Monster Power AVS 2000 Automatic Voltage Stabilizer & Equi=Tech 2Q & Q650 Balanced Power Systems Page 2

The AVS 2000's rear panel features a massive, hardwired, 8' Monster PowerLine 300 AC cable, four switched and two unswitched outlets, and a sequential turn-on feature (which I never used). Other than the Power button, all you need be concerned with on the stylish front panel are the three digital meters, which allow you to monitor (from left to right) the incoming voltage, the degree of voltage correction, and the amperage draw. That middle meter provided me with plenty of thrills and chills concerning the wonderful world of voltage fluctuation in my Washington Heights 'hood—it varied greatly throughout the day, with incredible sustained peaks of up to 11V after midnight during the summer. There were infrequent episodes of positive and negative fluctuations so extreme I could actually hear a mechanical clacking as the servo-motor scrambled to stabilize the voltage. Normally, the AVS 2000 was just steady as she goes; I could rarely hear the clacking over the music.

When I first began auditioning the AVS 2000, I discovered that it had more than enough capacity to handle the current demands of my entire system—even at whopping volume levels with massive transients, I never went much above 11 amps. However, while I loved the enhanced depth of midrange resolution and the aqueous clarity I achieved throughout the entire system, I ended up preferring the overall effect the AVS 2000 had on my front-end gear to that conferred on my power amp.

High-current demands are a function of the load. When there are huge bass transients in the music and the amplifier wants current, it doesn't politely ask for it, but demands massive, instantaneous bursts of power. With the power amplifiers plugged into the AVS 2000, I experienced what I would characterize as a subtle compression effect. Despite impressive improvements in midrange detail and resolution, I found I wasn't getting as much of a sense of the frequency extremes, particularly heft and body in the deep bass, as I did when the amplifiers were plugged directly into the wall current—and that without this foundation of extra-deep bass, there was something lacking in the depth and dimensionality of the soundstage.

However, I was totally captivated by the dramatic increase in coherence I achieved by plugging my front-end components into the AVS 2000, especially the digital ones. I was particularly impressed by the levels of transparency I achieved, with blacker backgrounds and more profound levels of silence. There was greater resolution on every level—the overall presentation was clearer and more open, with greater precision and definition, less grunge.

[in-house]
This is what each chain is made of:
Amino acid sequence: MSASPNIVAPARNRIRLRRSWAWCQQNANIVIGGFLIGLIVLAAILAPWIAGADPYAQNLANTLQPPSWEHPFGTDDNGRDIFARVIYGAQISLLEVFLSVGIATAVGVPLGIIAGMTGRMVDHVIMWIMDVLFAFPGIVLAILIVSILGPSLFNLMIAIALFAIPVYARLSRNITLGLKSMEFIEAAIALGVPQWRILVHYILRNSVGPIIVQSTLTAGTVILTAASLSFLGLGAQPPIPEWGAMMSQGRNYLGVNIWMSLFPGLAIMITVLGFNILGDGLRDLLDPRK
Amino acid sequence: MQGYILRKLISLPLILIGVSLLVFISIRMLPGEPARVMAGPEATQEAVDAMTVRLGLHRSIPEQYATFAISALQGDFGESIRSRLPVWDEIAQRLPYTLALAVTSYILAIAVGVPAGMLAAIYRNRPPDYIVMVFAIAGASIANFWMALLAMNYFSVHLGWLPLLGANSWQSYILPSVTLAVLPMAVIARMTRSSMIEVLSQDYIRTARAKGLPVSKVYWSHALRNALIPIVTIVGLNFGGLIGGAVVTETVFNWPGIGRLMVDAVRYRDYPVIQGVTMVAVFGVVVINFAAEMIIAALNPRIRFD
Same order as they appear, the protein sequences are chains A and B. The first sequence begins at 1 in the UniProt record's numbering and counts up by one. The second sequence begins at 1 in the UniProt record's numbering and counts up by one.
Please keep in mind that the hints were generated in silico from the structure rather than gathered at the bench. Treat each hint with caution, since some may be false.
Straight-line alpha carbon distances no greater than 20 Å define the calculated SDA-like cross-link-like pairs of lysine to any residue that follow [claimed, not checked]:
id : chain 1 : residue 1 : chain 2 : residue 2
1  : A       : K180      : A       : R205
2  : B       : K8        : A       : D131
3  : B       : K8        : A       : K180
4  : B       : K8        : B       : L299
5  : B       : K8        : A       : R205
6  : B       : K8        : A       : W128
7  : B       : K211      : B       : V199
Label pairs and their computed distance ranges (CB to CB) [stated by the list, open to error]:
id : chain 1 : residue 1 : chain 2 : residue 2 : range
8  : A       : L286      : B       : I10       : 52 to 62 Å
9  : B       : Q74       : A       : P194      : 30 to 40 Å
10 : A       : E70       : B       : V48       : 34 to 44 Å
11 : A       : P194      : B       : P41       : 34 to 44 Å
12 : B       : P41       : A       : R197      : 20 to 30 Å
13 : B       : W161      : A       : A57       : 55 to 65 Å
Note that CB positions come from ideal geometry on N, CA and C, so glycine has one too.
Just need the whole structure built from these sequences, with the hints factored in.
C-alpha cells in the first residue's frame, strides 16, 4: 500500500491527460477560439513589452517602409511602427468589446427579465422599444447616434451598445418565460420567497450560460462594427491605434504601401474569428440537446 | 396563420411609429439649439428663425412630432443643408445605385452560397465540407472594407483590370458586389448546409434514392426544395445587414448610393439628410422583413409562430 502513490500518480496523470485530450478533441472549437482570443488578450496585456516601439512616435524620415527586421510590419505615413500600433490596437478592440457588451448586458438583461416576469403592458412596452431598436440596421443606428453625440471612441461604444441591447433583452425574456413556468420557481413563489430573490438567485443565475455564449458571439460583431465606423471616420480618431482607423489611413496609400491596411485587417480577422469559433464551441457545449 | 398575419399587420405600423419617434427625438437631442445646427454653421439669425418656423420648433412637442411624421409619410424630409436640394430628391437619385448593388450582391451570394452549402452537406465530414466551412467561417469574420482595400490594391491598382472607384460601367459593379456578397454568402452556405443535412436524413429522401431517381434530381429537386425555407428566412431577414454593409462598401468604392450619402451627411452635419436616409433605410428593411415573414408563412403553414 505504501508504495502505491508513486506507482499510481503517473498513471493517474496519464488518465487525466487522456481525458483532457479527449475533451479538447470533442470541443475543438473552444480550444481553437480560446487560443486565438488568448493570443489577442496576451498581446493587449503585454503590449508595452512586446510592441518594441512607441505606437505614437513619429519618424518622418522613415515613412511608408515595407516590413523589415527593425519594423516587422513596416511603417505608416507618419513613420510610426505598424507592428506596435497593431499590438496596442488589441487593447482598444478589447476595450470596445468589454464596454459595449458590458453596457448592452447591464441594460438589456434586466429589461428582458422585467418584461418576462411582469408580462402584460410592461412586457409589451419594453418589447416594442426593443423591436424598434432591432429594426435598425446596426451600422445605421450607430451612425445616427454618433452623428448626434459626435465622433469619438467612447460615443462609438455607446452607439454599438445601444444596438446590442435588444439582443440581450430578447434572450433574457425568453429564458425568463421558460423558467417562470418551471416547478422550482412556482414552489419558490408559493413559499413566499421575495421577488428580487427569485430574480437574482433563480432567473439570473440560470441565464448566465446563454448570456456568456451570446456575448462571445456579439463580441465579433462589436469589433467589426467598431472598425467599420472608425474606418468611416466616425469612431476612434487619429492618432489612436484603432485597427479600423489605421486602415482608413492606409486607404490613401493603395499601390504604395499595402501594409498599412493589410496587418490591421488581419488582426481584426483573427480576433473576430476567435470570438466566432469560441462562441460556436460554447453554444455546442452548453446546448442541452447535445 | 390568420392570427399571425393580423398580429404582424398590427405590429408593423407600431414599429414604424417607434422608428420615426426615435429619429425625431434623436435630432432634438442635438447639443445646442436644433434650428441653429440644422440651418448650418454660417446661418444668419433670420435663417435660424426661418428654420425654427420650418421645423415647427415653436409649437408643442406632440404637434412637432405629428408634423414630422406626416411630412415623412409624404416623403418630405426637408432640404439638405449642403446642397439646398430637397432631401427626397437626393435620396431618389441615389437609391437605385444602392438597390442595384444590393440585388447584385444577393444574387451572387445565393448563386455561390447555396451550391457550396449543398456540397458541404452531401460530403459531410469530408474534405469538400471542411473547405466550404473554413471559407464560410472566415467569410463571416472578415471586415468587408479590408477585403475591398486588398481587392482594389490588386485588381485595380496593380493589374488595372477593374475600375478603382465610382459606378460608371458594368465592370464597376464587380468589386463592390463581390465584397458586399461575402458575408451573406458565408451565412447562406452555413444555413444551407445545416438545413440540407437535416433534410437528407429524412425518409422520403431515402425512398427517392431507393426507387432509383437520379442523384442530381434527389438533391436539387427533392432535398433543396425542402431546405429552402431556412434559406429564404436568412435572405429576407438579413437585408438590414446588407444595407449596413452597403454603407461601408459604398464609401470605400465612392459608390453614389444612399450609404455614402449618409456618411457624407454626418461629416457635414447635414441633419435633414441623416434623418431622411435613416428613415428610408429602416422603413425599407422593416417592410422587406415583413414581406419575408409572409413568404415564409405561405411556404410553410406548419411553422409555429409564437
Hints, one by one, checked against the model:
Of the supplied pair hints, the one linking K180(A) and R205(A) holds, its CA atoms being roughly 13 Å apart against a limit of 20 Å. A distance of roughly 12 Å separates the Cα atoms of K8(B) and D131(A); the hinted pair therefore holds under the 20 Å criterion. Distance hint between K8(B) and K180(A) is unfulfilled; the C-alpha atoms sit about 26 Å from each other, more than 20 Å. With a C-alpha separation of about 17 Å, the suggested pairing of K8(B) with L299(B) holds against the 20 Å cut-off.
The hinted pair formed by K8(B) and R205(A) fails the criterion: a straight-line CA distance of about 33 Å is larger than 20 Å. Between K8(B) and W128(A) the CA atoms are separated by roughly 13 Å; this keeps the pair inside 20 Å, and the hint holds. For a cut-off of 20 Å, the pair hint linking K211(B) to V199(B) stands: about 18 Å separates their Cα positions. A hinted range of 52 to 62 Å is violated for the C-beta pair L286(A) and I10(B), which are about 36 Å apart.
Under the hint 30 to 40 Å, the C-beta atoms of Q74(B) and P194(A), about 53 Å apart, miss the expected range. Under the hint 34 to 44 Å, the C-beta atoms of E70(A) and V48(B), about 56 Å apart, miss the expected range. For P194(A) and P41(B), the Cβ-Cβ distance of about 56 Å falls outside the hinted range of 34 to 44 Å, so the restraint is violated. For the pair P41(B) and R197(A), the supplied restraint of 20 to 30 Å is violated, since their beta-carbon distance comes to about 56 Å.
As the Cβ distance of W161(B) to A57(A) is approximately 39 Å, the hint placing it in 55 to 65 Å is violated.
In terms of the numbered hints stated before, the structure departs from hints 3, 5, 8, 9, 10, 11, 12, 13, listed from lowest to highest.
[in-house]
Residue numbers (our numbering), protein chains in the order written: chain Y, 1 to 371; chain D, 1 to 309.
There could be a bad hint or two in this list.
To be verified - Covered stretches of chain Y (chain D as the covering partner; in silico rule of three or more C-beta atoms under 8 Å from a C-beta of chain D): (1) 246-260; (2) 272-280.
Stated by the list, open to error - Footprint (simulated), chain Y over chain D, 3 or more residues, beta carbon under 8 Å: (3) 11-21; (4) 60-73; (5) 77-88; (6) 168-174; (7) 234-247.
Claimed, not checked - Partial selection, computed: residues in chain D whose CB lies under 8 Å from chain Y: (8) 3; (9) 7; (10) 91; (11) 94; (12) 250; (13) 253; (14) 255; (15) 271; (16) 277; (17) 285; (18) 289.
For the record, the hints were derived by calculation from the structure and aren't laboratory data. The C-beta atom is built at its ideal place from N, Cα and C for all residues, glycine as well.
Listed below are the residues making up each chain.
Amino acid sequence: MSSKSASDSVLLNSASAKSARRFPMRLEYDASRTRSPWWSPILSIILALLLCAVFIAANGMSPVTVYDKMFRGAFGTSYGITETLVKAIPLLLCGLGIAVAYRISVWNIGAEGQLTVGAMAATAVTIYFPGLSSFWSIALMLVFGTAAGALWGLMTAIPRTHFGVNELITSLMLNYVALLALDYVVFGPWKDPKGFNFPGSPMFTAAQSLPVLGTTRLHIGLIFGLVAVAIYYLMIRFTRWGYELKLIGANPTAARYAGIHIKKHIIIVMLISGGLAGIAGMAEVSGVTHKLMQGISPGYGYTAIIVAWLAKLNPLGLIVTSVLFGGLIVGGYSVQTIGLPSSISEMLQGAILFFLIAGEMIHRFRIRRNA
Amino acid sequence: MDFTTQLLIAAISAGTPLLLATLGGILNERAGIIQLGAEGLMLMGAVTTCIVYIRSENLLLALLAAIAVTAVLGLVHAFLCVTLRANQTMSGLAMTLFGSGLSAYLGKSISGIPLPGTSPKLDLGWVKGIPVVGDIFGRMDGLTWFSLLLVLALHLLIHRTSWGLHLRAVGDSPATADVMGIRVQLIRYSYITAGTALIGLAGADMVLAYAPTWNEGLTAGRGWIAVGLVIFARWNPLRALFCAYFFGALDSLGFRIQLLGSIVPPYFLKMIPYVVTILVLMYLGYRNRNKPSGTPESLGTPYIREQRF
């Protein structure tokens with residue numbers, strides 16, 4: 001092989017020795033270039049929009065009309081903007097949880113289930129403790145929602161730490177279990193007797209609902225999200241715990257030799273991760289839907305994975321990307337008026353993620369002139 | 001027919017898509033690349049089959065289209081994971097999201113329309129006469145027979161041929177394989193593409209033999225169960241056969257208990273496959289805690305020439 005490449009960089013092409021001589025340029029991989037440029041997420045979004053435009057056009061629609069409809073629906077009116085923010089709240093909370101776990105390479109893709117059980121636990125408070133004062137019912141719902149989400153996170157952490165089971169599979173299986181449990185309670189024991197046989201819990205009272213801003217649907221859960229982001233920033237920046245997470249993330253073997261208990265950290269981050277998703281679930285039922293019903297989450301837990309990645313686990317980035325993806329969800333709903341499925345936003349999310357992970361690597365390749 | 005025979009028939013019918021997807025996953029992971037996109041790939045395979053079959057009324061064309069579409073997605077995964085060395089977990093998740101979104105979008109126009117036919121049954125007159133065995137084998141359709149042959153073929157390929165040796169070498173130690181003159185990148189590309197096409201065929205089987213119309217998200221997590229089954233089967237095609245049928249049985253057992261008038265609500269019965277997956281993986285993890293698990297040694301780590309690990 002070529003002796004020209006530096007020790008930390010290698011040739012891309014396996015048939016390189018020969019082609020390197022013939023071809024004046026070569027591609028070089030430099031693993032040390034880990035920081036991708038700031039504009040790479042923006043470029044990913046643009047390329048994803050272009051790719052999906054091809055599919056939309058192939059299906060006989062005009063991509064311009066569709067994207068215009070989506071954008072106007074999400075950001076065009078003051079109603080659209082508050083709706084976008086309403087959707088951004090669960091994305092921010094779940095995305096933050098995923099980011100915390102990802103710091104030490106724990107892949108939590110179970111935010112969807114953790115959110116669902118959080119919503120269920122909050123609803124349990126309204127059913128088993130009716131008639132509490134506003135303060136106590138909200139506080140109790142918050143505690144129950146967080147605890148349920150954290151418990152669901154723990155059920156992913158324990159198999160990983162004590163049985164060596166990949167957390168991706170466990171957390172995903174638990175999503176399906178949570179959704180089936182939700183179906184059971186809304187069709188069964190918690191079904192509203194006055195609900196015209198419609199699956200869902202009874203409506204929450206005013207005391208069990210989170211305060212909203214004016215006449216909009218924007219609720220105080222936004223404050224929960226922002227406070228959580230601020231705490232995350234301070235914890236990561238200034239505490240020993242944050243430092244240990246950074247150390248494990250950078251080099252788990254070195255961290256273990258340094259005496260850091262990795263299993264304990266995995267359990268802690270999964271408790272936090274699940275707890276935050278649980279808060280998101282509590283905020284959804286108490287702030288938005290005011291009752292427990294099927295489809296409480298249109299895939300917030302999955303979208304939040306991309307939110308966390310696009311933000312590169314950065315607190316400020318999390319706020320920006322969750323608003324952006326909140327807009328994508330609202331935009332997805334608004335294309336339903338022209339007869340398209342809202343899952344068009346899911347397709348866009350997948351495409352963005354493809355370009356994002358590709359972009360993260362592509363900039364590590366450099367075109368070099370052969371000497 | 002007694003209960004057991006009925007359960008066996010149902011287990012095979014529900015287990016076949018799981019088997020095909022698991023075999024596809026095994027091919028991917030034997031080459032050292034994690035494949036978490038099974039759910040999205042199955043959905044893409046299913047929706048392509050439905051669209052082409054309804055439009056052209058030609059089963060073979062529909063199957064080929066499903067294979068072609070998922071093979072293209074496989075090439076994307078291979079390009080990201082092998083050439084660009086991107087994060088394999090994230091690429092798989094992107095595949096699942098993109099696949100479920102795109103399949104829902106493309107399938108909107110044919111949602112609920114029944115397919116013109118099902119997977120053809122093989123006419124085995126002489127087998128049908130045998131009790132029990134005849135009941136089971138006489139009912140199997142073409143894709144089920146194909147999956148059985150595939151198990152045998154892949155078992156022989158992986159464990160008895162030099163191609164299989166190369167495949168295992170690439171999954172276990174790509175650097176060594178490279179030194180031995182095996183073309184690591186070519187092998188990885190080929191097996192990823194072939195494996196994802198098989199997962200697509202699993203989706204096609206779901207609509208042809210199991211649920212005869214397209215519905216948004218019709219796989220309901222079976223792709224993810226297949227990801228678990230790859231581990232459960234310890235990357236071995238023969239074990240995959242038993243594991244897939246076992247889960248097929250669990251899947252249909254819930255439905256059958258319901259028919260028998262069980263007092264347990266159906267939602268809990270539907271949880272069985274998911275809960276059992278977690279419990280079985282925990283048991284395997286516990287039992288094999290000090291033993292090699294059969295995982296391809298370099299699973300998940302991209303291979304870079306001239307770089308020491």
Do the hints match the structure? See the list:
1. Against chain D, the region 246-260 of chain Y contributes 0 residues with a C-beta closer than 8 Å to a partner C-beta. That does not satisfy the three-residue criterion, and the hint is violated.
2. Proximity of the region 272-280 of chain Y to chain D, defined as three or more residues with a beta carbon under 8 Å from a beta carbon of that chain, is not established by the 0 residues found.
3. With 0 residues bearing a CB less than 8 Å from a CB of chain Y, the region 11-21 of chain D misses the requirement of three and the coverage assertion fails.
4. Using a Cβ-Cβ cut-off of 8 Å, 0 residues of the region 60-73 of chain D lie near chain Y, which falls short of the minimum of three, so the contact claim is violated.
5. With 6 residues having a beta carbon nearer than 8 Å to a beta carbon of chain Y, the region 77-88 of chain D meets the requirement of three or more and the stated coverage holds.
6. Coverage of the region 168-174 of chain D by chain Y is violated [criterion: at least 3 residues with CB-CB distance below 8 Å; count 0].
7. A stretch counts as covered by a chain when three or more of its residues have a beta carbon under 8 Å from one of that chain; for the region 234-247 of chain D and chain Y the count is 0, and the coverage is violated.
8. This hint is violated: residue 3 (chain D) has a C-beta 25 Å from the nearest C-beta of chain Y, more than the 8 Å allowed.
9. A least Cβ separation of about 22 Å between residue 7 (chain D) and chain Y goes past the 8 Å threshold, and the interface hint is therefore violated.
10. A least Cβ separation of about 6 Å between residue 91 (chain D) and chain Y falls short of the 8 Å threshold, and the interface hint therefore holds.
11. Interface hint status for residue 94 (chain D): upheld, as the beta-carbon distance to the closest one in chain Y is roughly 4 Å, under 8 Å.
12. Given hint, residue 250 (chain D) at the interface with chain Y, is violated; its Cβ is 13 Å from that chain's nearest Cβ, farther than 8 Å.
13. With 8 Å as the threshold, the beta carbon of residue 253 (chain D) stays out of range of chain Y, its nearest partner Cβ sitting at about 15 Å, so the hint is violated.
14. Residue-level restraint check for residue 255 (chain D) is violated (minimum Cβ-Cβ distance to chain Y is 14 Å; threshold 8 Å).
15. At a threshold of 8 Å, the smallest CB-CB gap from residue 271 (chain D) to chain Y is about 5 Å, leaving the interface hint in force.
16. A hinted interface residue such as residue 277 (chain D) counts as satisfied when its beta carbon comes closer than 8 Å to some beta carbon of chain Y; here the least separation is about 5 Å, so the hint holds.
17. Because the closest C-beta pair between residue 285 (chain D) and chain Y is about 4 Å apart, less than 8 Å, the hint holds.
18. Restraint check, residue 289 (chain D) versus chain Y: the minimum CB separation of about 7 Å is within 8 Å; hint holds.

In addition, there was a palpable delicacy and detail to the highs, a certain quality of brilliance that I found alluring. In my experience of audio tweaks, their aural signature often proves quite subtle, more apparent in its absence than in its presence. In going back and forth, listening to music with and without the AVS 2000, I found that I missed it most with my digital components. CDs just sounded tighter and crisper. I became conscious of a dull, sluggish quality, a smearing of frequencies, when the Monster was out of the signal chain.

Equi=Tech 2Q and Q650 Balanced Power Systems
Still, there remained a discernible glare to the sound, an edginess in the top end. While the AVS 2000 gave me much better timing and tonality, I was amplifying sonic artifacts that made my wife wince when I pushed the system to concert levels and beyond. What was causing this strident brightness?

Martin Glasband of Equi=Tech, widely regarded as the godfather of modern balanced power technology (and author of Article 647 of the 2002 National Electrical Code), was Johnny-on-the-spot with an explanation: "An enormous percentage of the noise that most adversely affects audio performance is actually created by your own components' power supplies." writes Mr. Glasband. "These are referred to as harmonic or reactive currents, a natural phenomenon that occurs when you apply an impedance load to an AC source. Imagine small waves rolling back toward the ocean as the big waves are coming in. An analogous event occurs on AC power lines when you switch on your equipment, and it's precisely this reactive power that runs rampant through your grounds, chassis, cable shields, and every electronic circuit, adding unwanted distortions, creating frequency anomalies, veiling low-level information, and robbing the music of dynamic energy. The effect is cumulative. The more components you have switched on, the more power supplies are feeding harmonic current back into the grid, and the more system noise there will be. These harmonics are present across a very wide bandwidth, which leads to significant sonic corruption in the performance of both analog and digital electronics."

Equi=Tech offers a deceptively simple solution to this problem in a variety of balanced power-transformer systems, ranging from 350-lb megaliths for hardwiring into mastering-studio electrical systems, to A/V-system-scaled components such as the high-current-capacity Equi=Tech 2Q ($2689) and the new high-resolution Q650 ($1179). These have become such integral parts of my own reference system that I no longer want to imagine life without them.